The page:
Being a caregiver doesn’t always mean having time to take care of yourself, but at times it is exactly what’s needed in order to maintain your own wellbeing. Yes, it may not always fit into your schedule while taking care of others, but it requires some consideration so that you may carry out these other responsibilities. As a caregiver, self-care means having to make time during the busy day to do something for yourself. For some this is difficult to achieve or even fathom, because the person being cared for is your top priority. But, if possible, you may be able to make minor changes or tweaks to a routine that creates the time and space for this much needed self-care. Though caregiving can be unpredictable due to the changing nature of illness, it is important to take advantage of times where you can be taken care of too. Here are some suggestions to find these moments of self-care:
Take rests when they rest.
Eat regularly! Eating meals together can have an added quality time component too.
Venture outside of the home when you can. Running errands, going shopping, or even just taking a brief walk can provide some alone time needed to rejuvenate yourself (To search for respite resources in your area, see the ARCH National Respite Network and Resource Center, http://archrespite.org/home).
Talk! Caregiving can be an overwhelming and emotional journey, so if you have the opportunity to talk or vent about your experiences, do so. If you would like an objective third party to listen who’s not a family member or friend, it may be helpful talking to a counselor/therapist about your experiences in order to safely and effectively express your feelings in this role.
Caregiving is no easy task. It takes a lot of hard work, determination and commitment. So while you’re busy taking care of others, be sure to remember you, and that sometimes you need care too!
The role of the caregiver is often described as “the rock” or “the foundation” of the family; the one responsible for the wellbeing of all. But who takes care of you? Just as much as your loved one needs your support, you need support also. It is ok to take a break, and turn to help when you need it. In order to be the best caregiver you can be you need to be well rested both mentally and physically. Being the primary caregiver for an individual with MS can be challenging. The unpredictability of MS itself creates an additional challenge in trying to manage your day to day life.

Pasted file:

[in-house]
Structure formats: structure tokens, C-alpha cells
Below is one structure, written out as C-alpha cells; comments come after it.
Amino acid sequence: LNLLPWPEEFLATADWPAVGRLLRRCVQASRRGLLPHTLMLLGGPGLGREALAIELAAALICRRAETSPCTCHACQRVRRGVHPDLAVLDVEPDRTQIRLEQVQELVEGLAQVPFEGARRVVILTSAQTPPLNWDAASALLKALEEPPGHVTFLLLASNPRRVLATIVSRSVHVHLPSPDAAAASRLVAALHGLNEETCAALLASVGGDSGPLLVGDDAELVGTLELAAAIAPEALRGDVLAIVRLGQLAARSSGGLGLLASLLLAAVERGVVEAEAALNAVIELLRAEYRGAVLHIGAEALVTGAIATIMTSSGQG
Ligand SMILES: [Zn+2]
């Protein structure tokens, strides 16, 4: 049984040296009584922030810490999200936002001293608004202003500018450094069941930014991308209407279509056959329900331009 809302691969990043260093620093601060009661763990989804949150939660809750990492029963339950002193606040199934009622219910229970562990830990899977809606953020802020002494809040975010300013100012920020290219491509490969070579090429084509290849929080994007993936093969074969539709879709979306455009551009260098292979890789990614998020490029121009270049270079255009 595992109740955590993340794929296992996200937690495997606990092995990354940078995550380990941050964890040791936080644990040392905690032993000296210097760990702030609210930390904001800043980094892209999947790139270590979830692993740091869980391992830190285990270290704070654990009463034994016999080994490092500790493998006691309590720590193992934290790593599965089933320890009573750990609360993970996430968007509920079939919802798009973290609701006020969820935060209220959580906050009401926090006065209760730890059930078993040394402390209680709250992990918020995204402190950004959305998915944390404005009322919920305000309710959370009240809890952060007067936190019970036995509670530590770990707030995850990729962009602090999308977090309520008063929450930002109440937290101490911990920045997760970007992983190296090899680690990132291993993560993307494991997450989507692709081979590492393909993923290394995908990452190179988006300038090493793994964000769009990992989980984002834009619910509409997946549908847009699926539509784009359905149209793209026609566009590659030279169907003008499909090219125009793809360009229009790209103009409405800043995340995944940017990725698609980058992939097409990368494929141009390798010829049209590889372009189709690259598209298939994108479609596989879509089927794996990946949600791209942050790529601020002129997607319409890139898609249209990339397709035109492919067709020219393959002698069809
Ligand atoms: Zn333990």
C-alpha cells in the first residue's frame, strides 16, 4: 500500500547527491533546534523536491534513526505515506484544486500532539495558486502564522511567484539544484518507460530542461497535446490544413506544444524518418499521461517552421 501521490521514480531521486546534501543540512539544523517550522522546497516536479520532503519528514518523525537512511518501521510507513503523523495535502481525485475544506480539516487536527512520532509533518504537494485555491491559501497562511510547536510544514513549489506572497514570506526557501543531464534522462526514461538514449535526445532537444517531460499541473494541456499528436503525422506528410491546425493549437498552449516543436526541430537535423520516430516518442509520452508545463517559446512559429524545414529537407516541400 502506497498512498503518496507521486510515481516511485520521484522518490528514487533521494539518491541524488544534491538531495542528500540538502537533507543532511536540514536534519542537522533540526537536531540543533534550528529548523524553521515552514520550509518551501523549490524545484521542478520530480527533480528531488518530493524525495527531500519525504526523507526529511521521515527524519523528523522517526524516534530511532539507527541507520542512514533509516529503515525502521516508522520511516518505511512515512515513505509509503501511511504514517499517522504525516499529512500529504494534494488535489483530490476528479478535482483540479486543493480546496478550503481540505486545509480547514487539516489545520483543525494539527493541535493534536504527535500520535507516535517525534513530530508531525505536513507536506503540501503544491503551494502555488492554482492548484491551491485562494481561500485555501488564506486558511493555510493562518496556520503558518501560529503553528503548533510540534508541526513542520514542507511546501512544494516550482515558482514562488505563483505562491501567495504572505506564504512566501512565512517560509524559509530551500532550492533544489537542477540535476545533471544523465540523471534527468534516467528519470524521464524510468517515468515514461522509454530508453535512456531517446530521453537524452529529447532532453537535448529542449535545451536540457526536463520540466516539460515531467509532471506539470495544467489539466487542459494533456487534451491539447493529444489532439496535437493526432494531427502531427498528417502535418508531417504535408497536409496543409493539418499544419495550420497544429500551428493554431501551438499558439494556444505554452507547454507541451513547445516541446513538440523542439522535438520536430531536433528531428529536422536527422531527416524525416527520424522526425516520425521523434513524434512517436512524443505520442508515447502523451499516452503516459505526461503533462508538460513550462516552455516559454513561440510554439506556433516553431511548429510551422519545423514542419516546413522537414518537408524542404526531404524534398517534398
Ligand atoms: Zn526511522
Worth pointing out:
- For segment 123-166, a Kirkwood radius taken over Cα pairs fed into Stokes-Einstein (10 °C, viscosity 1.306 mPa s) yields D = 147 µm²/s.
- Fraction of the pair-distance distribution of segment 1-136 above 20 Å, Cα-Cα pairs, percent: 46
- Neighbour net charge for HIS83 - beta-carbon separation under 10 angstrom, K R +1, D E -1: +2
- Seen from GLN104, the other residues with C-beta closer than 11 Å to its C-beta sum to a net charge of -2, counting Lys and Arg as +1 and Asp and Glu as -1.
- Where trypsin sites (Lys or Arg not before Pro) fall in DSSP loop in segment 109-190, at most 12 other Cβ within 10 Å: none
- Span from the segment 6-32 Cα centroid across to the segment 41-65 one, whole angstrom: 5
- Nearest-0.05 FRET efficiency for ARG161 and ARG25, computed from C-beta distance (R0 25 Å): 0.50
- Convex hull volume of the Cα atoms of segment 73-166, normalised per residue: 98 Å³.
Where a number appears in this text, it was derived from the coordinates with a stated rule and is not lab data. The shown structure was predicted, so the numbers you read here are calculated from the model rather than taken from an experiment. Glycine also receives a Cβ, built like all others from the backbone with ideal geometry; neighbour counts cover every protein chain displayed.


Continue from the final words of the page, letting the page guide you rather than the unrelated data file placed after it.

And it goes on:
There are some helpful resources for those in the caregiver role to aid in the management of the daily challenges of caregiving. The Family Caregiver Alliance provides caregiving information and advice as well as a guide to state resources available to caregivers. The Caregiver Action Network offers information and resources to individuals in all types of caregiving situations. The site helps to identify the various needs that caregivers may express through their varying roles.
Another great resource directed specifically towards spousal caregivers is the Wellspouse Association. They coordinate a national network of Support Groups and facilitate a Mentor program. And when the time comes for a break, the National Respite Network provides a National Respite Locator to help caregivers locate respite services in their community. The site also helps to educate caregivers on how to find and choose appropriate respite care.
With so many resources available to assist the individual in the caregiving role, now it is your time to take a break and be the best caregiver that you can be.
Throughout any given day, we all put things off; we tell ourselves that some things are ok to wait until tomorrow and we often lose track of time just trying to finish yesterday’s tasks today. Most of the time these “things” that we push to the side and put off for another day are self-fulfilling tasks; doing something we enjoy, accomplishing an activity we’ve been “meaning to get to,” but haven’t had the time or setting aside time to process the day’s events. We become lost in taking care of others and performing certain goals that we lose the time encouraged for completing our own goals.
Is there something you’ve been telling yourself you would do “when you have the time?” Perhaps one of the goals you set for the day should be making time for yourself. Write down that story you’ve had in your head, watch the movie you’ve wanted to see or get in touch with the friend you’ve been meaning to call. If you don’t take the time to encourage self-care activities that you want to do, you may find difficulty performing the tasks you have to do.